Facebook has recently come under scrutiny regarding their hands-off approach to inflammatory posts in particular by political parties, civil rights groups and Facebook employees. Mark Zuckerberg has strongly taken a stance that users should be able to see what politicians say despite its offensive nature. Additionally, Zuckerberg has criticized Twitter’s decision to place labels on the President’s tweets.

This recent stance, along with other long-standing issues with how political ads, political disinformation and hate speech has been handled on the platform, has brought several groups and advertisers to demand action by the social platform.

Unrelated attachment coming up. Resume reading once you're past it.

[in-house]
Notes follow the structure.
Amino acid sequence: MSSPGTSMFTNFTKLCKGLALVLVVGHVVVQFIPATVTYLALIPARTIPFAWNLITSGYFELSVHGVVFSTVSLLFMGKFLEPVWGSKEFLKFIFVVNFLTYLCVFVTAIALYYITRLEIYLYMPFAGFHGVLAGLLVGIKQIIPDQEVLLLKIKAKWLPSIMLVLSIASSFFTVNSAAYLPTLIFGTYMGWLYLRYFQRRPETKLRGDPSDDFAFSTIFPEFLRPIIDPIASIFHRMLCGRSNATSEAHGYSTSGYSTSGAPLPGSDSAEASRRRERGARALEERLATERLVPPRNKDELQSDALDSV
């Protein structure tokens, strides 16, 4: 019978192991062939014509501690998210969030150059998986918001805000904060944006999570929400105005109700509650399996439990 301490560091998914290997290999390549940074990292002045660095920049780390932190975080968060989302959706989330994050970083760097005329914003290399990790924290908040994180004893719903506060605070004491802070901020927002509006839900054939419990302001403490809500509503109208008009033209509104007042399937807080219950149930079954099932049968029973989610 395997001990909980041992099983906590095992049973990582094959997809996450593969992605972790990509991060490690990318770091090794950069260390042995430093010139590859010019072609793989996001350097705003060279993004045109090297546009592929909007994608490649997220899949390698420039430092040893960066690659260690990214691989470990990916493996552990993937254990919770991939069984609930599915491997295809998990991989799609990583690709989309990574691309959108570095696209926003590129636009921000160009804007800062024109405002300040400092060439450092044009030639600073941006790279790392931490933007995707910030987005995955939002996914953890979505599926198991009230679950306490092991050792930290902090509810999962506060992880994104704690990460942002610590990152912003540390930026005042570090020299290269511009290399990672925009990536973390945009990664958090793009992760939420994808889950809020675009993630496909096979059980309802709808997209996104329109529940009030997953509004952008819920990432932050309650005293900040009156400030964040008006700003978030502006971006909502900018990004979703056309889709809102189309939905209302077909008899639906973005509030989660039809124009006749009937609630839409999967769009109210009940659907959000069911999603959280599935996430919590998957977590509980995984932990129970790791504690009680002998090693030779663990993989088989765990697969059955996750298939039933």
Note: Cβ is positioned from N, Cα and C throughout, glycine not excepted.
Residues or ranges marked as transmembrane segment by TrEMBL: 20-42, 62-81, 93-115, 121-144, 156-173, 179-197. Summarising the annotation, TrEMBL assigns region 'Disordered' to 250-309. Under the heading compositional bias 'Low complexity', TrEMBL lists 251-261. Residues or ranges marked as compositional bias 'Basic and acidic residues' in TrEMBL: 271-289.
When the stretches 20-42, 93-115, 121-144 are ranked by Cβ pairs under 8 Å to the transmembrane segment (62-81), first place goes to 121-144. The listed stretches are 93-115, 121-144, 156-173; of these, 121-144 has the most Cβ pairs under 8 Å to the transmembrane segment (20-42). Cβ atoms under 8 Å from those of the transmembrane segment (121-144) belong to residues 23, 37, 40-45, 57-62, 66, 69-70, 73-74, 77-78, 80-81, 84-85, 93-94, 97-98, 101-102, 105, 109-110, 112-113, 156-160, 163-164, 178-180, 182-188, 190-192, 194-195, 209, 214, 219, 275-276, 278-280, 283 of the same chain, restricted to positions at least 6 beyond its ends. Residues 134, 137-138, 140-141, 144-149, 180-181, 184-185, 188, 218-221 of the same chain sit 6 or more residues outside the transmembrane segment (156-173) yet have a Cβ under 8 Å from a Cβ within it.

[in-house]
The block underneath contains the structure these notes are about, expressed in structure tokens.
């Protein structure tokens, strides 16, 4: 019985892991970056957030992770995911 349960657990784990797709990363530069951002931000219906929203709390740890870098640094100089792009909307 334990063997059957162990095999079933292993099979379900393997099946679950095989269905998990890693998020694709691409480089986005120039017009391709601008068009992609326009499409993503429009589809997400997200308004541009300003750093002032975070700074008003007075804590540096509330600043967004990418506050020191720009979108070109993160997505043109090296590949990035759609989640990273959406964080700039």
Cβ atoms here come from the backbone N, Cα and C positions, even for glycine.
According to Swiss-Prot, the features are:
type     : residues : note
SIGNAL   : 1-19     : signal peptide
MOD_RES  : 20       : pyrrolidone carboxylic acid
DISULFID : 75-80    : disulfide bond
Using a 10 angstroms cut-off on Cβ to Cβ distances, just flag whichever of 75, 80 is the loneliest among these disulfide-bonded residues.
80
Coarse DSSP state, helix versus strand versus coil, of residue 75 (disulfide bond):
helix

Recently, the Anti-Defamation League has started the “Stop Hate for Profit” campaign to gain support and momentum for businesses to stand in solidarity in holding social media companies accountable and stop advertising on Facebook for the month of July. From this campaign spawned the trending hashtag #FacebookBoycott

Anti-Defamation League’s concern

ADL claims Facebook fails to prevent the spread of disinformation and hate speech.

  • “Every day, we see ads from companies placed adjacent to hateful content, occupying the same space as extremist recruitment groups and harmful disinformation campaigns. Your ad buying dollars are being used by the platform to increase its dominance in the industry at the expense of vulnerable and marginalized communities who are often targets of hate groups on Facebook.”